Doctor’s order is best gift of all

Doctor’s order is best gift of all

With a yearlong waiting list to enter a skilled-nursing facility for long-term care, my father was placed on palliative care at home recently. While it may not seem so, it was an early Christmas gift for our family.

The occupational therapist who had been helping teach my mother and sister how to safely transfer my father asked my father’s physician about a palliative-care consult, and the physician put in the order.

My father has advanced Parkinson’s, but he is not near the end of his life. He doesn’t have pain, but his breathing is labored, he has significant fatigue, he is depressed (who wouldn’t be?) and he has bowel and bladder issues. For all intents and purposes, he is homebound.

The local home health agency that was providing occupational therapy also has a palliative care and hospice division. So the same agency sent a new person to the home to evaluate my father.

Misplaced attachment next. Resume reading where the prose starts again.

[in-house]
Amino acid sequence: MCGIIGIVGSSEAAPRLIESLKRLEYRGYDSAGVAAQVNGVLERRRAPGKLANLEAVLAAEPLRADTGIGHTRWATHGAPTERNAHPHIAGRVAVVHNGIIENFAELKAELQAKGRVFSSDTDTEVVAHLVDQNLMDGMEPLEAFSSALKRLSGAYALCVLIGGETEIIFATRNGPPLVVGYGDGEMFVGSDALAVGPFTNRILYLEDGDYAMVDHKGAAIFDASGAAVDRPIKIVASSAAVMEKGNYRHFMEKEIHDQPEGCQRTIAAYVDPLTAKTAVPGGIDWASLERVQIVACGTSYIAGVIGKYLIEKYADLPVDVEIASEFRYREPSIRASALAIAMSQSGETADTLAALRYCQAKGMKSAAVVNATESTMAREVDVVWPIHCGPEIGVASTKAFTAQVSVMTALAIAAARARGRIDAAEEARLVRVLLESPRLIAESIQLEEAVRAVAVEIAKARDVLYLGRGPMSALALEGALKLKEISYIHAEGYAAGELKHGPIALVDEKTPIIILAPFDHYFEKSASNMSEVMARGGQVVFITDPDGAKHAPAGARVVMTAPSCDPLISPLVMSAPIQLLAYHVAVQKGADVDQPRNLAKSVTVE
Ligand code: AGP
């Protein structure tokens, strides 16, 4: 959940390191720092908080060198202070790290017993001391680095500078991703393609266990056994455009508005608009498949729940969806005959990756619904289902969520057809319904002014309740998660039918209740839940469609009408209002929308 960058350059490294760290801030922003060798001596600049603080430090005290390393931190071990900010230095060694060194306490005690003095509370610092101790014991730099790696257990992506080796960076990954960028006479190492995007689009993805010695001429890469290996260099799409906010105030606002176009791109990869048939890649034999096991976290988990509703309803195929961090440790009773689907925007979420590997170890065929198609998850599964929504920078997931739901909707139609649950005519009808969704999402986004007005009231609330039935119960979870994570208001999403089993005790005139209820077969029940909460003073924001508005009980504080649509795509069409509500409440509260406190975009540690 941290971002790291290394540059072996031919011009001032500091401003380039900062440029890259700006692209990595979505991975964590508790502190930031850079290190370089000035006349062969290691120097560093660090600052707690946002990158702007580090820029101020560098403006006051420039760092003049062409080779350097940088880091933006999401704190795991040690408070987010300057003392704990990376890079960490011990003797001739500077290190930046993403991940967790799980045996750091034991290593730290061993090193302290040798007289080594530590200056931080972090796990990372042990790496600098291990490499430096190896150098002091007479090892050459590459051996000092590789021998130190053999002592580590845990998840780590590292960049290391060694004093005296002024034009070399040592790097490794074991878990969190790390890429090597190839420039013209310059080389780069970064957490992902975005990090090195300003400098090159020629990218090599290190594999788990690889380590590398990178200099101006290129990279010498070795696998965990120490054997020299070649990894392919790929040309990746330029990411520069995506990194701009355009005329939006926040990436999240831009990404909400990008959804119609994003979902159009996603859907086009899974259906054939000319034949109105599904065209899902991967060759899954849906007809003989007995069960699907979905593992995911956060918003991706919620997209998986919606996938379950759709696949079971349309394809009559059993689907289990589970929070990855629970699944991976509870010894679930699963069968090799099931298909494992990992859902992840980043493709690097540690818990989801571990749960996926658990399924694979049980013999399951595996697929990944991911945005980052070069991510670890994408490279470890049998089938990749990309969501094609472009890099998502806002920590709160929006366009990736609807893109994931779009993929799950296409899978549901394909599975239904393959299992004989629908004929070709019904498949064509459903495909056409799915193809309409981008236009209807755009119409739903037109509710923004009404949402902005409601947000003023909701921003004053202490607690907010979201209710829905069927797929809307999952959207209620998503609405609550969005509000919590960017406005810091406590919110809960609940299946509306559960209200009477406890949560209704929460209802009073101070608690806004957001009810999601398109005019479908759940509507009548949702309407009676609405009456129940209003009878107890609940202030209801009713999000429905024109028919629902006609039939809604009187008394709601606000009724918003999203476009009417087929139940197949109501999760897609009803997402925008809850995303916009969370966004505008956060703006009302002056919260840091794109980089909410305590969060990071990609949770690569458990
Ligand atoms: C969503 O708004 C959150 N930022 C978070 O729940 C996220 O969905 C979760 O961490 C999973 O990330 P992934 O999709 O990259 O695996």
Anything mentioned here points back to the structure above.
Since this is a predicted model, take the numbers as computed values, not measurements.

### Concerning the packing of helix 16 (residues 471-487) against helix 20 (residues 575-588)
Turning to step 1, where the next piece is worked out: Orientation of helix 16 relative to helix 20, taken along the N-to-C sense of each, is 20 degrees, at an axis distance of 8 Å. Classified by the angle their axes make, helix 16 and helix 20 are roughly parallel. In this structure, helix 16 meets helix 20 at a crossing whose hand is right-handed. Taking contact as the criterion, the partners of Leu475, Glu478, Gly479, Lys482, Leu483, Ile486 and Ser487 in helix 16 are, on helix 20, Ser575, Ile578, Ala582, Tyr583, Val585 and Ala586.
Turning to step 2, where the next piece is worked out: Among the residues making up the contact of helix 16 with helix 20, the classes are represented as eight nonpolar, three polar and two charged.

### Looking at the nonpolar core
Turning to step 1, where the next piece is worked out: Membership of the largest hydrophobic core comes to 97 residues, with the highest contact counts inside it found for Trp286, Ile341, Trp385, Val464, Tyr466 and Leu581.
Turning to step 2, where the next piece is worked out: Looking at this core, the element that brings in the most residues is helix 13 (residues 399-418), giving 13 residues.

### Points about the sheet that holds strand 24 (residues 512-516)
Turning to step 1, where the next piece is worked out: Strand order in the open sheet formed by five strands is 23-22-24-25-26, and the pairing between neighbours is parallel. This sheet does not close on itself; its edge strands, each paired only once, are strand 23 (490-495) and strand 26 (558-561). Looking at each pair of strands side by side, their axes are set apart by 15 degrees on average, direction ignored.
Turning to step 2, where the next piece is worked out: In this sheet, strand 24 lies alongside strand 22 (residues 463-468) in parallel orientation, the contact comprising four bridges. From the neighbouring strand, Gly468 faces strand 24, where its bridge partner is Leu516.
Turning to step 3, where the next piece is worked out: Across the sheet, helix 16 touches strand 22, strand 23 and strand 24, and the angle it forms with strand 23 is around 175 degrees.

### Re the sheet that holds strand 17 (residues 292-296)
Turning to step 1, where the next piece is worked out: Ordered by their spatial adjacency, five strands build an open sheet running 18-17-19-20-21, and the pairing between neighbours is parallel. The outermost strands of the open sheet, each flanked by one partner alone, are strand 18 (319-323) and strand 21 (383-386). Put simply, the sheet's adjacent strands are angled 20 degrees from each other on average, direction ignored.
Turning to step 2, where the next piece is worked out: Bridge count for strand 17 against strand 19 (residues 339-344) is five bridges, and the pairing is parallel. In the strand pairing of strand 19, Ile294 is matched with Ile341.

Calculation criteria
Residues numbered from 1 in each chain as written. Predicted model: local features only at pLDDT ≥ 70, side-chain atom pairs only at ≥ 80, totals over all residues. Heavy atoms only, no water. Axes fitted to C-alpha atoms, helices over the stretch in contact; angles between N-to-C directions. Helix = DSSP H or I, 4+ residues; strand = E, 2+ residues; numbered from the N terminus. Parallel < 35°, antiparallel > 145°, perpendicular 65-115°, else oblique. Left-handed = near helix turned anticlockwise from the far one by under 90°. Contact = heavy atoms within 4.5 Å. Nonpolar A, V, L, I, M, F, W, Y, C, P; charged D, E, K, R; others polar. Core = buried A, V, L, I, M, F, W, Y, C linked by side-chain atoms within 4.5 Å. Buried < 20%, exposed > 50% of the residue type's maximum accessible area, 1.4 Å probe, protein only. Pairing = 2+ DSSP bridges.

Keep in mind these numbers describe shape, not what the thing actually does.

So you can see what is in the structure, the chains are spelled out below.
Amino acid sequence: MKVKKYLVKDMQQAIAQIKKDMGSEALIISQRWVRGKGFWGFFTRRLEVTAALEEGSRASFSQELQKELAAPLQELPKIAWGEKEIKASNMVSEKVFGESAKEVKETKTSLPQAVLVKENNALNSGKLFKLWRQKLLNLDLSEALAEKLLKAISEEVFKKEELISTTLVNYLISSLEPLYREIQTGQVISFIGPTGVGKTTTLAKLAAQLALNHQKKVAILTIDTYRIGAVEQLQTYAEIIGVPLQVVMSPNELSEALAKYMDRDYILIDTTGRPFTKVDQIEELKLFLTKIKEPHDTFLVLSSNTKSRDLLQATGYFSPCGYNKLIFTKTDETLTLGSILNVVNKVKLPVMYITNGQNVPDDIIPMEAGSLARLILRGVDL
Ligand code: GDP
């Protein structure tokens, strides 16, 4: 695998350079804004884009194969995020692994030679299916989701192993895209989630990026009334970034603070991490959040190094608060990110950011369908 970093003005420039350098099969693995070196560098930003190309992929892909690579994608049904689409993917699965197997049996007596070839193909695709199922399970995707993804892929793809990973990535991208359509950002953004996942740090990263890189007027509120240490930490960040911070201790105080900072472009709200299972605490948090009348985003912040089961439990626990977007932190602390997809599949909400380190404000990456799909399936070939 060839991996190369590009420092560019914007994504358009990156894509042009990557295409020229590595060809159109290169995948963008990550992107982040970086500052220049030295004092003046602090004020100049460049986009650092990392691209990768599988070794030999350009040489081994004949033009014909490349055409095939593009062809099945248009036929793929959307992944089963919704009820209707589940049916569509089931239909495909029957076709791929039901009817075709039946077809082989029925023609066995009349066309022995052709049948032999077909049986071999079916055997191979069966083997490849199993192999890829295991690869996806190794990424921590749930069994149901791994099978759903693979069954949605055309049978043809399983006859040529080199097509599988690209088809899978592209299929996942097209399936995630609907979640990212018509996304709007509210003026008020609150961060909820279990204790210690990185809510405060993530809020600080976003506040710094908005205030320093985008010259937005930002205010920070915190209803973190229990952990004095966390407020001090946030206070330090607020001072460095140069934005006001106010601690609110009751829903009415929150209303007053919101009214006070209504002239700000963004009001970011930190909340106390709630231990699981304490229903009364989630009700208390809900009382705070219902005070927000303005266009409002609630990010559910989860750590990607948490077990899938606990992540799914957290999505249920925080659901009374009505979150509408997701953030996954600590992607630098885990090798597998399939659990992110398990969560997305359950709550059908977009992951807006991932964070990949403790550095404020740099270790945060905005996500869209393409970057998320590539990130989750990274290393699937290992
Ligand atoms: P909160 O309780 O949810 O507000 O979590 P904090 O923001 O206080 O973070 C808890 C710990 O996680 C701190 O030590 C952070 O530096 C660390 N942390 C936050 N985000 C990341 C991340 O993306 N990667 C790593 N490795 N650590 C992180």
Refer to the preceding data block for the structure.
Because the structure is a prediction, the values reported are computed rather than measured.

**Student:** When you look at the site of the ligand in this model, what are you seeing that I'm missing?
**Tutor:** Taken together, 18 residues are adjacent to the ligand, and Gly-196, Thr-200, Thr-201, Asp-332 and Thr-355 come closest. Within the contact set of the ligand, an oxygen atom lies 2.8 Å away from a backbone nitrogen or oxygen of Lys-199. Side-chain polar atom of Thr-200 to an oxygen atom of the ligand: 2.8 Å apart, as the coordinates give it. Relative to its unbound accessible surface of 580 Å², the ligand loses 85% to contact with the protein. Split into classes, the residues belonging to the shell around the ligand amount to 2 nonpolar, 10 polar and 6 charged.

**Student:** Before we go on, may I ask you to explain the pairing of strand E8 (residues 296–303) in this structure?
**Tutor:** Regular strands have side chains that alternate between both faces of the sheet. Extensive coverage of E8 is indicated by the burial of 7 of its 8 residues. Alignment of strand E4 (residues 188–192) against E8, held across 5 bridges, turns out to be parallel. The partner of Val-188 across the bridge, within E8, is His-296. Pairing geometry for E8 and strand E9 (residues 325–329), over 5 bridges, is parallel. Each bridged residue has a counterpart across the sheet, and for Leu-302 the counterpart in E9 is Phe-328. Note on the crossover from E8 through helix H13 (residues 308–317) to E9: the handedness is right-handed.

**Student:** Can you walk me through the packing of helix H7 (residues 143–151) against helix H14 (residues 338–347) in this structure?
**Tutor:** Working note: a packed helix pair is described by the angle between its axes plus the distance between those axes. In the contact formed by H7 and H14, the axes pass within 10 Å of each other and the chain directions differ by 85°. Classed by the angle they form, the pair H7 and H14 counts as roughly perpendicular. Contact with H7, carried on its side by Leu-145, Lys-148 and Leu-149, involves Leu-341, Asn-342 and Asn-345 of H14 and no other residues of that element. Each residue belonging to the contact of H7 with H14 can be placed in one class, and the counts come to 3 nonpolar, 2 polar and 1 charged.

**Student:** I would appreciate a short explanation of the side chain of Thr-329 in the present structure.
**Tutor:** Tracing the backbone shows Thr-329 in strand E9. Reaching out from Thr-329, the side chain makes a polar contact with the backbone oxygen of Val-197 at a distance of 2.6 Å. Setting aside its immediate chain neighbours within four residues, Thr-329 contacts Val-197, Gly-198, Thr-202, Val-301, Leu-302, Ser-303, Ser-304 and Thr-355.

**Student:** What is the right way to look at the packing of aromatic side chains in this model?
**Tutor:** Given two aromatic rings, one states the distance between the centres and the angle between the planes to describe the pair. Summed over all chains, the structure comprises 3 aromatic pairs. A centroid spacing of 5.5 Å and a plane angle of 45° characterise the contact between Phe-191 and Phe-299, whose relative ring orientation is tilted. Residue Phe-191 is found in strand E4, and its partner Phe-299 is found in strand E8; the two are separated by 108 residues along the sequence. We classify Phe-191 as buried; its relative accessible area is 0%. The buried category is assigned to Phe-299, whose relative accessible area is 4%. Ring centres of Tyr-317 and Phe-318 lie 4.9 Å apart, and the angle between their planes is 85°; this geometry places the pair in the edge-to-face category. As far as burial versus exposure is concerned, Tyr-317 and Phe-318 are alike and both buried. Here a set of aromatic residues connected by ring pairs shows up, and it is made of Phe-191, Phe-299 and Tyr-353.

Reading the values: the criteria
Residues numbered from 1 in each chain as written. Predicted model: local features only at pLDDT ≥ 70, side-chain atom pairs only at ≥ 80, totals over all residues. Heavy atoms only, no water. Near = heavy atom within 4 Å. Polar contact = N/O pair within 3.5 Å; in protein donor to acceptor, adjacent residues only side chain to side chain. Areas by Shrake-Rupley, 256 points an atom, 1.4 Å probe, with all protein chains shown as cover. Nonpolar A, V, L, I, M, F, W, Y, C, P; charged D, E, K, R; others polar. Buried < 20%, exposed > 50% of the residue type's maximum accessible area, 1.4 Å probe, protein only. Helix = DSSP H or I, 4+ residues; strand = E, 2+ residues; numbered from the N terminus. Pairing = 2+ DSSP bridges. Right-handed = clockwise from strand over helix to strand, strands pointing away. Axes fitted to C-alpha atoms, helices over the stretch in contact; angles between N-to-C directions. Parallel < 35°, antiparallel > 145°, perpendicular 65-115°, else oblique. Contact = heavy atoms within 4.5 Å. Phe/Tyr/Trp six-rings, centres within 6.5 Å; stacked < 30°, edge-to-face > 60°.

Unlocking a new kind of care

A few weeks ago my dad landed in the hospital.

Mom drove him to the emergency room because his blood pressure was fluctuating wildly. To be accurate, this blood pressure condition has been going on for some time now. A year ago it was this same condition that took my father from hospital to rehab to in-home medical care.

All that care, but no cure. My father’s blood pressure fluctuations will not change; they’re a side effect of his worsening Parkinson’s.

This time, after three nights in the hospital, the discharge planner came to talk to my mom and dad. Her “plan” was to place my dad in rehab, so that the medical staff there could monitor his blood pressure.

When we asked how long, she replied, “A week to 10 days.”

My mom, dad, sisters and I wondered what monitoring would do if there was no treatment or cure

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